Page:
​​H E R M E N E U T I C   C H A O S   J O U R N A L


​In His Sleep               He is Gone

Gone into sleep where no one can call him back, eat
his French fries off his plate, ask for help doing all
the things they don’t want to do for themselves, even

me, as I touch your shoulder and hip bone hoping
to alter your night breathing, feel you rise back
to me, back here, do that thing that always helps
me sleep, but on your hip I feel the mountain you

are walking on, and your shoulder is mossy with
places you long to go, so I curl away, close this 
door, listen to the wind threading my lungs, 
in a wilderness of hills I don’t yet claim as home.

The ocean was unintentional. It did not hate

me or even consider me at all. Before it, I could 
not go east. I’d come from the west again 
and again to this point, unable to go further, afraid 
of boats, mistrustful but curious 
about what is below, swimming a kind of posing, 
intoxicating to touch the mystery with so little at stake.  

But here I stand.     I don’t care about my past. 

South, the sun crooks a finger—this way, this way. 
North is safer, saner: I can see comprehendible lights. 

Once, I might have made a choice between these two 
directions. Now, I stand into the holes being scooped 
out below me in increments; I had no idea of this until 
my balance was endangered.         Like a dumb land 
mammal, I keep hauling one flat foot up to replant it, 
over and over, scanning the air for a sign 
of what I can’t perceive with my gross senses, 
something transcending what I know so far about physics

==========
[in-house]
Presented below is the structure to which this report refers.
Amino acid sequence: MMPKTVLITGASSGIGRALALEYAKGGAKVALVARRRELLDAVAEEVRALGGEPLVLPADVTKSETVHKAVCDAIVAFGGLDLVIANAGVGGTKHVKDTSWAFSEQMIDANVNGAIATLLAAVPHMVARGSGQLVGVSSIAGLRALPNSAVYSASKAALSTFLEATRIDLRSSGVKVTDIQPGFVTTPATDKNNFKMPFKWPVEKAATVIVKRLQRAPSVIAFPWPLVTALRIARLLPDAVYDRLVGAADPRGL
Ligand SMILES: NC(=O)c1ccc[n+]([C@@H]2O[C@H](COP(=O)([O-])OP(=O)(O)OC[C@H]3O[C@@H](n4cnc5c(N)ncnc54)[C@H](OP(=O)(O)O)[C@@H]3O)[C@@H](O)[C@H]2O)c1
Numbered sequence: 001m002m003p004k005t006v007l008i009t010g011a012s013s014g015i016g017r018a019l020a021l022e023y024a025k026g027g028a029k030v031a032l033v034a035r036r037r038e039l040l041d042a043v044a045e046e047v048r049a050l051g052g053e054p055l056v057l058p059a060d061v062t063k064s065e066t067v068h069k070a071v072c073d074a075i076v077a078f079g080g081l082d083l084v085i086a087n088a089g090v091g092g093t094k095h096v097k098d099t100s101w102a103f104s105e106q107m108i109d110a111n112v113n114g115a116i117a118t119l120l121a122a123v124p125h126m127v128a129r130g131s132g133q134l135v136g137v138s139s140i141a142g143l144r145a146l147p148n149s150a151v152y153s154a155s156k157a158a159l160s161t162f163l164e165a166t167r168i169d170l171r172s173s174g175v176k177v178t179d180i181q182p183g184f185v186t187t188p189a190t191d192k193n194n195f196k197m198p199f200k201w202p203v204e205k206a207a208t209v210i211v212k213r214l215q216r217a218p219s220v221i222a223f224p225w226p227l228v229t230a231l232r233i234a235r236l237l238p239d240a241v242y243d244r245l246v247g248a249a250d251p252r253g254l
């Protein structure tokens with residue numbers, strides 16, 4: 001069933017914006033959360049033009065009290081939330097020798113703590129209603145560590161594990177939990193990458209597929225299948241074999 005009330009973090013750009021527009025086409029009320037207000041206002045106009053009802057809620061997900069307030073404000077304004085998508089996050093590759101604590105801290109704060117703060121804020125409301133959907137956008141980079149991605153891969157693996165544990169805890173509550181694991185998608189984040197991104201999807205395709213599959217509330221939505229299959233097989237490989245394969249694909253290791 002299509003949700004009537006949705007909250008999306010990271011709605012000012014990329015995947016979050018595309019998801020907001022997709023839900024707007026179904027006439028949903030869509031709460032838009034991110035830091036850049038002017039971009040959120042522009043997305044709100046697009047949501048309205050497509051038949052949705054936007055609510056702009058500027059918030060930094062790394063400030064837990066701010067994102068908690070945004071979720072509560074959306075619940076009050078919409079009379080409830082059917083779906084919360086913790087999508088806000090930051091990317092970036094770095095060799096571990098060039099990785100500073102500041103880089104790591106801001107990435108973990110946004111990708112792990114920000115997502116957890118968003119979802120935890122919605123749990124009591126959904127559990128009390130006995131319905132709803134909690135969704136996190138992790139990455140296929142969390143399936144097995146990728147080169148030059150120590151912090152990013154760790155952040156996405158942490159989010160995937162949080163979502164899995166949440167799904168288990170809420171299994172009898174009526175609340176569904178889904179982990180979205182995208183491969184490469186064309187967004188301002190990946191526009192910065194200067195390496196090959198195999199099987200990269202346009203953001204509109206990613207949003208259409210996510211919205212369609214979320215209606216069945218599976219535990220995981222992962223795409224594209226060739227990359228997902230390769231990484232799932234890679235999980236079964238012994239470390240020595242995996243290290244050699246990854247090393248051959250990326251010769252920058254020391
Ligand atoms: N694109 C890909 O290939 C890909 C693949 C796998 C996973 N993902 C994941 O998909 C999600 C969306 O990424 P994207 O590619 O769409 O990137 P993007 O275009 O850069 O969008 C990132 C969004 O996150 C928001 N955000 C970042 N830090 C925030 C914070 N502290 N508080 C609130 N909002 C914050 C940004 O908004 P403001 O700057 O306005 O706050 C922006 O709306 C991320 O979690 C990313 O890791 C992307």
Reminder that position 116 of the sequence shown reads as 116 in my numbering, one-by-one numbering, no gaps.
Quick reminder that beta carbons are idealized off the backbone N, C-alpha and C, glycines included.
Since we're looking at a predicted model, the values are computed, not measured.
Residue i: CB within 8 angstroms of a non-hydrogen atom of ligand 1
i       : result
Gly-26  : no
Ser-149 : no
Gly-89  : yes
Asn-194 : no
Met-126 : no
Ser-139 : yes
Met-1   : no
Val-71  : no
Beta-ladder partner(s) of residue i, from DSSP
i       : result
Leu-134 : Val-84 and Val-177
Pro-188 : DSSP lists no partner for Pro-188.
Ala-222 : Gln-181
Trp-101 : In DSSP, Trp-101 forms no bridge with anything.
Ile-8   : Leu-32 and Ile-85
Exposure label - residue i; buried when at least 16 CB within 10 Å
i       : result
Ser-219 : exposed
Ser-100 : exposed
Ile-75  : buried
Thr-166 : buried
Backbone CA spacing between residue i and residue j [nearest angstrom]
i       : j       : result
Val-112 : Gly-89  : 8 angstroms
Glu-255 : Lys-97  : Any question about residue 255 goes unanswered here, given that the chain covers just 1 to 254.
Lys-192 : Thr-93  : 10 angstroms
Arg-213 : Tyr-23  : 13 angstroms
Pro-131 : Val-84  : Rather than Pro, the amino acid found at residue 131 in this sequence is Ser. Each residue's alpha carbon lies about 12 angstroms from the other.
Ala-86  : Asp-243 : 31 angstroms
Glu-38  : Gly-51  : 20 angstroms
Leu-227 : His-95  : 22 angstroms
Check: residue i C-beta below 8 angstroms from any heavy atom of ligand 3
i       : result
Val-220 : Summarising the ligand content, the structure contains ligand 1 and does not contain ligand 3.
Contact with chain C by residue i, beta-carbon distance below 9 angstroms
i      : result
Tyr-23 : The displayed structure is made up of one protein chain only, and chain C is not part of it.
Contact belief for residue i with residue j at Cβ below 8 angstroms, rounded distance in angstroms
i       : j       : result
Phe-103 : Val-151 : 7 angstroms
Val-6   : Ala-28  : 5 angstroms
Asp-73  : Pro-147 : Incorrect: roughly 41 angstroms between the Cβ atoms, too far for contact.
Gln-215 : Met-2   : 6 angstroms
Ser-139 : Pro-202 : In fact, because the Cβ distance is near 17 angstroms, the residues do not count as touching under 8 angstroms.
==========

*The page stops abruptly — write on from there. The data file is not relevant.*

and space, time and intention, water from air, borders
between, spaces we pass over, as if space was something
we understood, as if we were solid, and not full of air
and water ourselves, sobbing for our singularity
though everywhere the opposite is being proved
if only we could stand still long enough to be moved.

Laura McCullough is a poet and prose writer whose essays, memoirs, stories, and poetry have appeared widely in places such as in The Georgia Review, The American Poetry Review, Guernica, PANK, Gulf Coast, The Writer's Chronicle, and others. Her books include Jersey Mercy (poems, forthcoming spring 2016, Black Lawrence Press), Rigger Death & Hoist Another (poems, BLP, 2013) Ripple & Snap (prose hybrid, ELP, 2013), Shutters*Voices*Wind (dramatic monologues, ELP, 2013), and The Smashing House (short fiction chapbook, ELP, 2013). She has edited two anthologies, A Sense of Regard: essays on poetry and race (Georgia University Press, 2015) and The Room and the World: essays on Stephen Dunn (University of Syracuse Press, 2014). Her poem, “There Were Only Dandelions” was selected by Sherman Alexi for Best American Poetry, 2015. She teaches full time at Brookdale Community College in NJ and is on the faculty of the Sierra Nevada low-res MFA and has taught for Ramapo College and Stockton University. She is the founding editor of Mead: the Magazine of Literature and Libations. Visit her at http://www.lauramccullough.org/